The advantages of the open structure of the rod extensions 14-2, formed by wires 30, are as follows. Normally in a quadrupole section the gap d1 (FIG. 3) between the rods is relatively small compared with the diameter d2 of the rods (typically d1 may be about one third of d2). Thus if the rods are solid, relatively little gas can escape between them, and therefore a substantial gap must be left between the ends of adjacent quadrupole sections, so that the gas can exit through this gap and so it will not unduly pressurize the cans of the end quadrupole sections 4, 8. For reasons to be explained, large gaps between the quadrupole sections result in substantial ion signal losses.

With the open structure rod extensions 14-2 shown, the quadrupole sections 4, 6, 8 can be placed very closely adjacent each other, the ends of the rods of each section being separated only by the small gap 33 as discussed. Since a quadrupole section having an AC-only field applied thereto requires less accuracy of manufacture than a quadrupole section having both AC and DC applied to its rods, the open structure described may be used with little or no degradation in performance. Provided that the open sections 14-2 are of reasonably substantial length, only a small proportion of the target gas entering the centre quadrupole section 6 will travel into the end sections 4, 8.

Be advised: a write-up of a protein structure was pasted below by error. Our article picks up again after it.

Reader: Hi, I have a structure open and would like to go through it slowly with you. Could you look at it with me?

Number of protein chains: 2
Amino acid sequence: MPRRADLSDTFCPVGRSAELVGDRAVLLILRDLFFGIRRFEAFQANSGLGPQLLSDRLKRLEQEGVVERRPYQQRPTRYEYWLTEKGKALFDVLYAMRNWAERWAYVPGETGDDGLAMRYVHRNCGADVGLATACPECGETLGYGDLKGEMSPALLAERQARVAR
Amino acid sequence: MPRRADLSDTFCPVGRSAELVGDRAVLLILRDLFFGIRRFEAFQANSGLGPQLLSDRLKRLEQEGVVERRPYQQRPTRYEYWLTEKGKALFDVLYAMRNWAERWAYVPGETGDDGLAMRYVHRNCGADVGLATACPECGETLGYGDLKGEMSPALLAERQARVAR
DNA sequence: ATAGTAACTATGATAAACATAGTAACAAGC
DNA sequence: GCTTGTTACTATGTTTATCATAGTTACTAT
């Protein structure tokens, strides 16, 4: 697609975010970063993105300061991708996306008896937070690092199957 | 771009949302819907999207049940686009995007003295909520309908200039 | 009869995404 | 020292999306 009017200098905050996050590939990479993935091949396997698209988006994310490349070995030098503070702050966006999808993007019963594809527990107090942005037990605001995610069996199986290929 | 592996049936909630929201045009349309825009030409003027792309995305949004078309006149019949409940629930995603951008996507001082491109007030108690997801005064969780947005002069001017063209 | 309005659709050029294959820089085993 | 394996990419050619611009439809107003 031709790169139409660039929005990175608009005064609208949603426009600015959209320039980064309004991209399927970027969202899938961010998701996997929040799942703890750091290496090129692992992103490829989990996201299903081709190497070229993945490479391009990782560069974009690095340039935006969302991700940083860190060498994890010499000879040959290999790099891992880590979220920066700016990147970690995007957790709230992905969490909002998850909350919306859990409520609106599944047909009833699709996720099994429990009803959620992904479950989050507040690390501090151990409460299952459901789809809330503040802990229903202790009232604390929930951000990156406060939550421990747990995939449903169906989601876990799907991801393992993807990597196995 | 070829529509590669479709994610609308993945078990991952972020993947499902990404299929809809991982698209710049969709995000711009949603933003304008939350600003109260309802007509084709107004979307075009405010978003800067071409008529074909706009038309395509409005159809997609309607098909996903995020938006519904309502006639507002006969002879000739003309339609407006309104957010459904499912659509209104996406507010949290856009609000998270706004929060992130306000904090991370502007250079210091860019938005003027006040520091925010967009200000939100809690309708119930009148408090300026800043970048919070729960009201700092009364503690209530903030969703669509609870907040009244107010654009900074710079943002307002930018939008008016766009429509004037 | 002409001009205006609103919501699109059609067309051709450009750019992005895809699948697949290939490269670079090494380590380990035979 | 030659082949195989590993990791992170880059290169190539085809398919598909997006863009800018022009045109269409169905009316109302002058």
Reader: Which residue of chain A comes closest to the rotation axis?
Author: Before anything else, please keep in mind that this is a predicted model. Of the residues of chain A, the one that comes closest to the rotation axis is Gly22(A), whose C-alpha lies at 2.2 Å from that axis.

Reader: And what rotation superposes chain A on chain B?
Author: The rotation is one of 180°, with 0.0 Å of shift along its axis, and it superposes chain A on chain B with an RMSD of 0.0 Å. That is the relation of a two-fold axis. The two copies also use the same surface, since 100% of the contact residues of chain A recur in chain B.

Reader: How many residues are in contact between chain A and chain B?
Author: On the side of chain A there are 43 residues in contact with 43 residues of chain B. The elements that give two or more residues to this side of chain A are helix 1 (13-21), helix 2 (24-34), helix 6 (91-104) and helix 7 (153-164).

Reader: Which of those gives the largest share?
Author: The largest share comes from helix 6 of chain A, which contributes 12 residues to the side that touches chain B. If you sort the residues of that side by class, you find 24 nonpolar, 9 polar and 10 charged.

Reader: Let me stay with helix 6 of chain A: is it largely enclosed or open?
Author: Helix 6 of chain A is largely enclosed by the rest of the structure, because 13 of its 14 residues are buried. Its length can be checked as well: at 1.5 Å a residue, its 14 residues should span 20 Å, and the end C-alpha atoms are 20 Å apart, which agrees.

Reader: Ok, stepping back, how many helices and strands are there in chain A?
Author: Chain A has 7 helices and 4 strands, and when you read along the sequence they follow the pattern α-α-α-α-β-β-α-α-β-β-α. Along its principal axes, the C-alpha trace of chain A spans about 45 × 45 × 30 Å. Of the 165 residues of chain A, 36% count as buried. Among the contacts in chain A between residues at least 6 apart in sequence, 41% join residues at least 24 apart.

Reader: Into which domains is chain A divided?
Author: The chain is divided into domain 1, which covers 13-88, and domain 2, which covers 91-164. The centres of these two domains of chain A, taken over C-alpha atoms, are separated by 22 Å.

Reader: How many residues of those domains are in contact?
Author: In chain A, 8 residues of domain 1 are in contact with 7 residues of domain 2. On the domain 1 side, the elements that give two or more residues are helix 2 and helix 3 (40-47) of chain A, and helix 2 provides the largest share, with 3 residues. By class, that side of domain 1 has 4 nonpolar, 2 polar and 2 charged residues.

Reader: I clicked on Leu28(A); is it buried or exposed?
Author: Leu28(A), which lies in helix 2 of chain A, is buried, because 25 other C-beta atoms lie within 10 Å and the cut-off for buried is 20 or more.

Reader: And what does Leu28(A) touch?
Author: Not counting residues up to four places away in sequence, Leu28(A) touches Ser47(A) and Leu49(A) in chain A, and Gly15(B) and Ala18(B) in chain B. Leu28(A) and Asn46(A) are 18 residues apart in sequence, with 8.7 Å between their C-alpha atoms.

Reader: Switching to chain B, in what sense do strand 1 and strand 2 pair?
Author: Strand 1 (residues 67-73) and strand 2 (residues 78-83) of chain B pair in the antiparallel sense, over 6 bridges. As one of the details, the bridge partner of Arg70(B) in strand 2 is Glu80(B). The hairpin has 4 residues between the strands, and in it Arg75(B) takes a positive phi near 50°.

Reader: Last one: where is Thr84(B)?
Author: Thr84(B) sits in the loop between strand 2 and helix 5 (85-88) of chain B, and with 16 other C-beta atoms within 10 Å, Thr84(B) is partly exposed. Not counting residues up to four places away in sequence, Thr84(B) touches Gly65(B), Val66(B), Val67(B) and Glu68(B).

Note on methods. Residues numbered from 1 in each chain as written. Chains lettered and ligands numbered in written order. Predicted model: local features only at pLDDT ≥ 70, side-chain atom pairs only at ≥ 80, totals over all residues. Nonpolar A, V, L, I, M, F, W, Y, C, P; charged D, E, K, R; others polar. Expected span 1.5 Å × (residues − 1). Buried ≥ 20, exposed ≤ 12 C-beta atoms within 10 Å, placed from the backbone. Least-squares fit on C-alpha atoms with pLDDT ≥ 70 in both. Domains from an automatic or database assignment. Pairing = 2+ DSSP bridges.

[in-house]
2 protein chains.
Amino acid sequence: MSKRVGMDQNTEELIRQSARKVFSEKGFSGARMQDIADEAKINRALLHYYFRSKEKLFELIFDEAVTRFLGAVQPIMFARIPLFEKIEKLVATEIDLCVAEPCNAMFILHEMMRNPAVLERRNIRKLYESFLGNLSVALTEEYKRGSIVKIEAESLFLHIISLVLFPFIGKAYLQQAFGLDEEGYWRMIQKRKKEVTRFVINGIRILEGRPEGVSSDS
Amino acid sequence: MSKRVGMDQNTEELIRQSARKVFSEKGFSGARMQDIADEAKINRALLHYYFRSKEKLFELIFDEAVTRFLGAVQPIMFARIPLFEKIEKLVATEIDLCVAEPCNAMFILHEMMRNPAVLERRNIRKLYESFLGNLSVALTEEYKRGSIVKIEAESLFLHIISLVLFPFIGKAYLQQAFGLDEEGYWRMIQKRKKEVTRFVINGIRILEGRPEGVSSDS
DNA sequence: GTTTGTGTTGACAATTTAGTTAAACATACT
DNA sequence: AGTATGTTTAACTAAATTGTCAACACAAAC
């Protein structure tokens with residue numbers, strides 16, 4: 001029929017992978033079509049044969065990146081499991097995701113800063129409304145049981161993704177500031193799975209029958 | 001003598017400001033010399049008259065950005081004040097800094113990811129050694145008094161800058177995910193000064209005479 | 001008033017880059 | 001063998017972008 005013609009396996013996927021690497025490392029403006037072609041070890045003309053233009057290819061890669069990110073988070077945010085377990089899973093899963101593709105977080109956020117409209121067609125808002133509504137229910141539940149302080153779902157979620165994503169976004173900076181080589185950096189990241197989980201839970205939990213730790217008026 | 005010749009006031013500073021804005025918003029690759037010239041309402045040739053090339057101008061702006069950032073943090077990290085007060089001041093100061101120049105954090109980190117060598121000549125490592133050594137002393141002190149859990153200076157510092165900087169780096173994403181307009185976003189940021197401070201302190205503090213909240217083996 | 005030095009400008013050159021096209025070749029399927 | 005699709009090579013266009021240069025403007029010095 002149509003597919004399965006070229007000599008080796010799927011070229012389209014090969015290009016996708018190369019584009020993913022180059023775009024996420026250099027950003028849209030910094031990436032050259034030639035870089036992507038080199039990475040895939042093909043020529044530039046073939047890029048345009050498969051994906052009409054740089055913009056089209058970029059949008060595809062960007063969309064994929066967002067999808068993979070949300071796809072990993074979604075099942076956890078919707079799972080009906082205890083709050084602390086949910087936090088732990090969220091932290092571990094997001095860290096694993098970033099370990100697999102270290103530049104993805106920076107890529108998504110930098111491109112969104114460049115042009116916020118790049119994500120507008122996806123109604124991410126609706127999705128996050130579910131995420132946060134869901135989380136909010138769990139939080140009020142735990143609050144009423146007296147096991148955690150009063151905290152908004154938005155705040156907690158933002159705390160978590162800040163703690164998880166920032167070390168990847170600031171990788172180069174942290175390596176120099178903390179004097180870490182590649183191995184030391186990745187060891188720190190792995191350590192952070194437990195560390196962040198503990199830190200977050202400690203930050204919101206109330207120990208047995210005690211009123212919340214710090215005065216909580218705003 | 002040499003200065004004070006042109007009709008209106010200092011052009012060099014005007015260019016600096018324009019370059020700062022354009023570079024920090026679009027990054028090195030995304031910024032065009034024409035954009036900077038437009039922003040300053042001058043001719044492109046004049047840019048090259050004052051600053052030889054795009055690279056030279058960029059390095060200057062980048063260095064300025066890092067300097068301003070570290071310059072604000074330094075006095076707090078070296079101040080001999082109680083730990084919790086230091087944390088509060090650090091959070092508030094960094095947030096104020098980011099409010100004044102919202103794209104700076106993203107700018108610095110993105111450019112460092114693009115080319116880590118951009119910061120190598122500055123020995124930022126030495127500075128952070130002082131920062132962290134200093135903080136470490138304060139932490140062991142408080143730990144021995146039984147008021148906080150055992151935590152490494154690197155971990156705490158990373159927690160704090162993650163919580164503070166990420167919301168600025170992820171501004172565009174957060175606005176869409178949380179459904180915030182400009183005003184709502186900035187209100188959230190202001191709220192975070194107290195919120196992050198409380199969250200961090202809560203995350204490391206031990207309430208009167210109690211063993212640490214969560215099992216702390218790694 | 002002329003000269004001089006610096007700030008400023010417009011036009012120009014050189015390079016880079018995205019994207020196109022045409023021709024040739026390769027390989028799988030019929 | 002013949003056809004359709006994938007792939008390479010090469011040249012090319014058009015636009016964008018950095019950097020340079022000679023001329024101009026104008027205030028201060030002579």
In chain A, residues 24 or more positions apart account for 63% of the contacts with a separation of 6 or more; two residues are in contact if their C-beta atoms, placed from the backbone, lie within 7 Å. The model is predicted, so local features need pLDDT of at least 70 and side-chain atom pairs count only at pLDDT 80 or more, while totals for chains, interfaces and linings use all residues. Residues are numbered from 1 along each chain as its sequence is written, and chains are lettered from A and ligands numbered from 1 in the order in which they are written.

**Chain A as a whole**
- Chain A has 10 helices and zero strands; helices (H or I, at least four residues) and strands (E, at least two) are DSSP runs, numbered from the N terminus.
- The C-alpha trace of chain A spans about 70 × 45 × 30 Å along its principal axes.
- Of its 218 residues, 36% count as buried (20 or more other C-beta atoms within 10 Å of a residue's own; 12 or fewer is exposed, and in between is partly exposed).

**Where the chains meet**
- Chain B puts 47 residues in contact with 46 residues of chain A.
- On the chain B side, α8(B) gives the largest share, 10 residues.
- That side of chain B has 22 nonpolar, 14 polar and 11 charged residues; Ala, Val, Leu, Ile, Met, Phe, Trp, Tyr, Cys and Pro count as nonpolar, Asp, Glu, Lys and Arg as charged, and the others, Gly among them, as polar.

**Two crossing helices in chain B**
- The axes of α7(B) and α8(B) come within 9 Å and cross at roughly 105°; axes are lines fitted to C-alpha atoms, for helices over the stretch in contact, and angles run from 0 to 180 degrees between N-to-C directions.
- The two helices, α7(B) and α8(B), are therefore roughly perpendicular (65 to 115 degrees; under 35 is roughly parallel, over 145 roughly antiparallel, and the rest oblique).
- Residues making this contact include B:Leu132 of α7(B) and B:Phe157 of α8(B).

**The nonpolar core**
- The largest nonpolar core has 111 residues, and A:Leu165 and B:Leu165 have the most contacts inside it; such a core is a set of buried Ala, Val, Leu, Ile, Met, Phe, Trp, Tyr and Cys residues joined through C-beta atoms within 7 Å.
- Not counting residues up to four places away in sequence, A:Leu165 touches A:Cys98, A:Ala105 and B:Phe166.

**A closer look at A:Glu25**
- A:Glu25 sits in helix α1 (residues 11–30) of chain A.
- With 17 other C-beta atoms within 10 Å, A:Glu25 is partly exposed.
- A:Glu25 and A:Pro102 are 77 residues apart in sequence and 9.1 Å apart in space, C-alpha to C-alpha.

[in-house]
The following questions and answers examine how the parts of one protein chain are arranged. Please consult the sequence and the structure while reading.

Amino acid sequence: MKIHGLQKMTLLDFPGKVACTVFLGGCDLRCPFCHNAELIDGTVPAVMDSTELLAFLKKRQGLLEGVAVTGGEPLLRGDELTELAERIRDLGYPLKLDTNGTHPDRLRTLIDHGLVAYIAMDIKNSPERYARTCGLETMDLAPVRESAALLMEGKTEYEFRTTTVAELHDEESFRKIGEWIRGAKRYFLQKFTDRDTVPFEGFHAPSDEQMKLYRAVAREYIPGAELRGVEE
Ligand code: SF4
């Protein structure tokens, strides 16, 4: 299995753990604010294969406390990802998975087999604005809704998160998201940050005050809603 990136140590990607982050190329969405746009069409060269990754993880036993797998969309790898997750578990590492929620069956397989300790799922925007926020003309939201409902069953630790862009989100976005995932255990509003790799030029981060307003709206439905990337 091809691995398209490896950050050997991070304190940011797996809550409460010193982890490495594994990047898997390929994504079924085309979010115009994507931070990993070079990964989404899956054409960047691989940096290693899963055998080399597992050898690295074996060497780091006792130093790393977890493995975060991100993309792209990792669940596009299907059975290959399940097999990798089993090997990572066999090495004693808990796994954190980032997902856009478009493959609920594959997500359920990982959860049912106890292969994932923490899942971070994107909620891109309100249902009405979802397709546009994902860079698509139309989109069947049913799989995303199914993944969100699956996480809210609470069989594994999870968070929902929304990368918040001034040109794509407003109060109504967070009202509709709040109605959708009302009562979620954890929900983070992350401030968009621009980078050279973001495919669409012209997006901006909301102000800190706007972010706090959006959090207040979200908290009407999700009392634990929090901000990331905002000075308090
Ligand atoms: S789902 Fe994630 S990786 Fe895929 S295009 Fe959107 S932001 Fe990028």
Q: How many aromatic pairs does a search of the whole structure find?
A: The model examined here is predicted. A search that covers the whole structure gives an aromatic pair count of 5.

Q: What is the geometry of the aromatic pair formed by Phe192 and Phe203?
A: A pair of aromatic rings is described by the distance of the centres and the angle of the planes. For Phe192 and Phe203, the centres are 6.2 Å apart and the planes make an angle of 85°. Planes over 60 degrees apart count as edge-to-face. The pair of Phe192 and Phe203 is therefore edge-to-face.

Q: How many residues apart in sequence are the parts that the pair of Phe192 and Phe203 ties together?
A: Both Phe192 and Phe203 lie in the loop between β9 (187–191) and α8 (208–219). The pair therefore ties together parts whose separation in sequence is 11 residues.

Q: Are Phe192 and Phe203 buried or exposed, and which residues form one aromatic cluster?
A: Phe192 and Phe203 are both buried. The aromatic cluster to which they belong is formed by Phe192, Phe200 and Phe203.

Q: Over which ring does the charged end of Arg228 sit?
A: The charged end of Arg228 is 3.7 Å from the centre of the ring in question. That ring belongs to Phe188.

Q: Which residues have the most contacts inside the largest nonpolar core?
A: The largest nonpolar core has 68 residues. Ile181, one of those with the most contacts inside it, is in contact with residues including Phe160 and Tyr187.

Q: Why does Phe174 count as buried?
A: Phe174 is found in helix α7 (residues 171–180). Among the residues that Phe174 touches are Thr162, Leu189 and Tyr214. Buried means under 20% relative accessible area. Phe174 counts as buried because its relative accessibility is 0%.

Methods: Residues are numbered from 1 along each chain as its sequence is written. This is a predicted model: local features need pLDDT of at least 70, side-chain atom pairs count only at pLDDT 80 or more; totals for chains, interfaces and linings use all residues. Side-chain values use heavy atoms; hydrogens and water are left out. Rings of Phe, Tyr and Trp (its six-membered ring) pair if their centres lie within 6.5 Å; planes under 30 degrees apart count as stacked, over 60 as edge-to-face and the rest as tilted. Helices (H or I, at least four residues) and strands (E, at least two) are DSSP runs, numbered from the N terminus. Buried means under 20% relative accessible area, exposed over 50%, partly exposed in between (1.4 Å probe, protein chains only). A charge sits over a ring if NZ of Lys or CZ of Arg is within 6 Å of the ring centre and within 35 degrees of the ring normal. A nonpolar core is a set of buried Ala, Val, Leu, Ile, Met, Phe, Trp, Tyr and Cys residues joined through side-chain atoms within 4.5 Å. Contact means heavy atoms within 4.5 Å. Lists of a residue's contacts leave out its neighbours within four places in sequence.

In a typical system of the kind described, the parameters of the system may be adjusted so that the gas density in the target region, i.e. in the space between rods 14-1, is in the range between 10-2 torr and 10-4 torr, and the lengths of rod extensions 14-2 are each equal to the lengths of rods 14-1 (e.g. 4 inches). Then most of the gas in the target region 68 travels outwardly through the gaps between the wires 30, as indicated by arrows 76, FIG. 5. Only a small proportion of the gas, indicated by arrows 78, is beamed directly into the space between the rods of the end quadrupole sections 4, 8. Typically the gas flow entering the spaces between the rods of the end quadrupole sections 4, 8 may be only about 1/200 of the flow through duct 28.